The restaurant industry was heavily impacted by the shutdowns and capacity limits necessitated by the pandemic. In an effort to quickly mitigate some of the impact of these restrictions, Governor Baker established by executive order an expedited municipal permitting process for restaurants seeking permission to create outdoor dining and beverage service spaces that would allow patrons to continue some degree of in-person dining. Many restaurants have had a very positive experience with outdoor dining and have invested a great deal of effort and capital to create safe and comfortable outdoor dining spaces for their patrons. Without legislative action, the outdoor dining permits issued pursuant to the executive order will expire sixty (60) days after the June 15th end of the emergency declaration.

Presently, proposed legislation is under consideration that, if passed, would allow cities and towns to extend permits granted to restaurants under the executive order through November 29, 2021. This legislation is an important step towards providing restaurants with greater certainty about their ability to offer outdoor dining through the remainder of the 2021 outdoor dining season.

Remote Public Meetings and Hearings

With the pandemic necessitating the extended closure of many state and municipal buildings, Governor Baker issued an executive order authorizing public bodies to hold fully remote, publicly-accessible meetings. In many instances, this resulted in public meetings and hearings becoming accessible via Zoom and other live-streaming remote platforms. The executive order also allowed these bodies to meet quorum requirements for voting by counting as present those members who were attending the meeting via remote means.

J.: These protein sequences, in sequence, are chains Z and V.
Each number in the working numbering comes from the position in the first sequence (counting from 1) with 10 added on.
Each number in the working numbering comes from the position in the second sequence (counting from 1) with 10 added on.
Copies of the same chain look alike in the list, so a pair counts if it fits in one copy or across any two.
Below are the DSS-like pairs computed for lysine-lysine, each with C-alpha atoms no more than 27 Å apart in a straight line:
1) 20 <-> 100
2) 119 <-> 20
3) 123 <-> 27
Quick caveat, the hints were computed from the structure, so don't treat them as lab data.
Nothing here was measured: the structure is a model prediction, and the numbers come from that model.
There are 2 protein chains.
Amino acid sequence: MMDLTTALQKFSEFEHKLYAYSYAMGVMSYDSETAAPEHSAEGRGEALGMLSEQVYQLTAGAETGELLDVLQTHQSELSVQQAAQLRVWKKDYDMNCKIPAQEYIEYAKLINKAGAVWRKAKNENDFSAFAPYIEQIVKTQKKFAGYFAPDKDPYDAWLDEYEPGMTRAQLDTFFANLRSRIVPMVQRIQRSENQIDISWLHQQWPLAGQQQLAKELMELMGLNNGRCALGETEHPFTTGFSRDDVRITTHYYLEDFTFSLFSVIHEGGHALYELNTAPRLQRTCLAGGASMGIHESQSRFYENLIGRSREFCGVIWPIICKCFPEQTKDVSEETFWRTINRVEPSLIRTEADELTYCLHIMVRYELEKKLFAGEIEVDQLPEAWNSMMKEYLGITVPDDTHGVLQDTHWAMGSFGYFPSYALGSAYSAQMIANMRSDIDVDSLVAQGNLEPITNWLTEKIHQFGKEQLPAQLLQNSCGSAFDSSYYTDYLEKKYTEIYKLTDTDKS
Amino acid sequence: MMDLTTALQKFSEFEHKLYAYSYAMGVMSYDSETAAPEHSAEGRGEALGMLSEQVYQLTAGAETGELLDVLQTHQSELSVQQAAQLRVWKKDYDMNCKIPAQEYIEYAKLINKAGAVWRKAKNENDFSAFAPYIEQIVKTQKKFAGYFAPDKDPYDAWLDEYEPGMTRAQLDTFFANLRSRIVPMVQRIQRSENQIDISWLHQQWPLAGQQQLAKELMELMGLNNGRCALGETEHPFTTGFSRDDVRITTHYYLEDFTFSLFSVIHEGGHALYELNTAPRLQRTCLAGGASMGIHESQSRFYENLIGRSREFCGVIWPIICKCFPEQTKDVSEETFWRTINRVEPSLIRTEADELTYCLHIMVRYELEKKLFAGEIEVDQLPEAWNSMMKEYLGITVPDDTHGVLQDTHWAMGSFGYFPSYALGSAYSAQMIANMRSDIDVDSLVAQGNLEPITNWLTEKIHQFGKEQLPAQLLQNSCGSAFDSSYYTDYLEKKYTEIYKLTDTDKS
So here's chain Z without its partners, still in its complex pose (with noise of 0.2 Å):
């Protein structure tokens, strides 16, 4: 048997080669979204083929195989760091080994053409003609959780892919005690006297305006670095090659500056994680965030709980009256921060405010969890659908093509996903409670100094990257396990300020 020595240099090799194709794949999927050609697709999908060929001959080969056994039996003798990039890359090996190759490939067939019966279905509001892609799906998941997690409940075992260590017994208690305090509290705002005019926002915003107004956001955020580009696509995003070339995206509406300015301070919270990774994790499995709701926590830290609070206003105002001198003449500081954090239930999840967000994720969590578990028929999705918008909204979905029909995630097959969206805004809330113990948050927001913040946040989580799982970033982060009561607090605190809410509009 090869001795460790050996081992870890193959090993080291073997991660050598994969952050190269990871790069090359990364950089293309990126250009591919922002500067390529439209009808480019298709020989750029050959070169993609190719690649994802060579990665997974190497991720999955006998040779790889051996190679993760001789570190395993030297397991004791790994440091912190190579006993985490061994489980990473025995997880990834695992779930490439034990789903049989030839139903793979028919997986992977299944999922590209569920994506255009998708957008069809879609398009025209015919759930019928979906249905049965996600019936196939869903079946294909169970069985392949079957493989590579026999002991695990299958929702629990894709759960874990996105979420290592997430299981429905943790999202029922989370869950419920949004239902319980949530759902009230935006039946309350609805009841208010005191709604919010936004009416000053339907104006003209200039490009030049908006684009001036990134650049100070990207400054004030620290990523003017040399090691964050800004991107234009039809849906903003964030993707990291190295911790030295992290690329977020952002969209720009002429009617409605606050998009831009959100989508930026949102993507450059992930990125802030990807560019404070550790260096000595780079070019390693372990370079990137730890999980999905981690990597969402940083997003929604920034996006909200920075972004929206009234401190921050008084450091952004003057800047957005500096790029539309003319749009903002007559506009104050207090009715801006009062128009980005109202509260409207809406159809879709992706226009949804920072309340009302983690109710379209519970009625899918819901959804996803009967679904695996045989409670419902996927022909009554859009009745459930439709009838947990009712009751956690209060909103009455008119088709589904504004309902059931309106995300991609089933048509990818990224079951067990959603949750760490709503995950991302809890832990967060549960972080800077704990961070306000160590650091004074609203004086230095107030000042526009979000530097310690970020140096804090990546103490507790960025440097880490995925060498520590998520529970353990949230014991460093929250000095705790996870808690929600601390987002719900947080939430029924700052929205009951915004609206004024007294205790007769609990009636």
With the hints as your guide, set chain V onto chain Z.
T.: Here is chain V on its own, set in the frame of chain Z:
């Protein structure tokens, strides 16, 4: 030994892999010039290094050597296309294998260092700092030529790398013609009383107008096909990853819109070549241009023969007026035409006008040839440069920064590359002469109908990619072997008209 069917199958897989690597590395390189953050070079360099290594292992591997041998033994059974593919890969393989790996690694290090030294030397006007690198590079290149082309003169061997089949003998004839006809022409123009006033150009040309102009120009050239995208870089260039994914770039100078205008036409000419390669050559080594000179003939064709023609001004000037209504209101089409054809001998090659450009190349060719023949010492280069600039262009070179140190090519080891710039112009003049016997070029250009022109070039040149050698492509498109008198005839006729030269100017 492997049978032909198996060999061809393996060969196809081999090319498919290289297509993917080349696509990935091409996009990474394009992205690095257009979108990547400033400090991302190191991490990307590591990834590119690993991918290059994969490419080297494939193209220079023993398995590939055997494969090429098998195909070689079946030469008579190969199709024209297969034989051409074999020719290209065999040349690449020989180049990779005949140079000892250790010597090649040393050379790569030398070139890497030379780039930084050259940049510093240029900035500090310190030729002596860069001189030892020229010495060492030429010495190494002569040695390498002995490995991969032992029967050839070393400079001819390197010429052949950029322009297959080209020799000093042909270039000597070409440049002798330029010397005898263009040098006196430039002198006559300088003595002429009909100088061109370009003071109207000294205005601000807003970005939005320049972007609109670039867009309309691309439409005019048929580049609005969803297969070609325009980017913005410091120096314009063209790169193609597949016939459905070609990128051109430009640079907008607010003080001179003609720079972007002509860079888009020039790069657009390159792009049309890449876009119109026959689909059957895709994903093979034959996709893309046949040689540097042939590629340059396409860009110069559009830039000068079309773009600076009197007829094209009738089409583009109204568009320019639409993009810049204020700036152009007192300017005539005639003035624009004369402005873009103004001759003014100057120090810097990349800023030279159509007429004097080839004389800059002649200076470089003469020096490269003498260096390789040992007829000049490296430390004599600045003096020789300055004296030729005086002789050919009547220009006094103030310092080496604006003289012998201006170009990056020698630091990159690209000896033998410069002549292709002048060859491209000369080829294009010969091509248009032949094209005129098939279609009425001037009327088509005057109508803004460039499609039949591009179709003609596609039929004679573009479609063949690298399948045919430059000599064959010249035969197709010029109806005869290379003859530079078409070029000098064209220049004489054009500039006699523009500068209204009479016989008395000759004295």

The opportunity for the public to access and participate in public meetings via remote technology has proven to be a particularly successful endeavor and appears to have been widely embraced in many communities. That said, the use of remote meeting technology does pose concerns among some about the ability of public bodies to meet the requirements of the Commonwealth’s Open Meeting Law. In an effort to provide time for the legislature to address potential updates to existing laws, a short-term measure is presently pending in the Legislature that would extend through September 1, 2021 the modifications initially created through executive order. If no legislative solution is reached by that time, the modifications would expire and in-person public meetings would again be required.

Remote Notarization Services        

Prior to the pandemic, Massachusetts had long resisted the legislative adoption of a procedure that would allow documents to be notarized via remote technology. The necessities of the pandemic, however, required a new approach.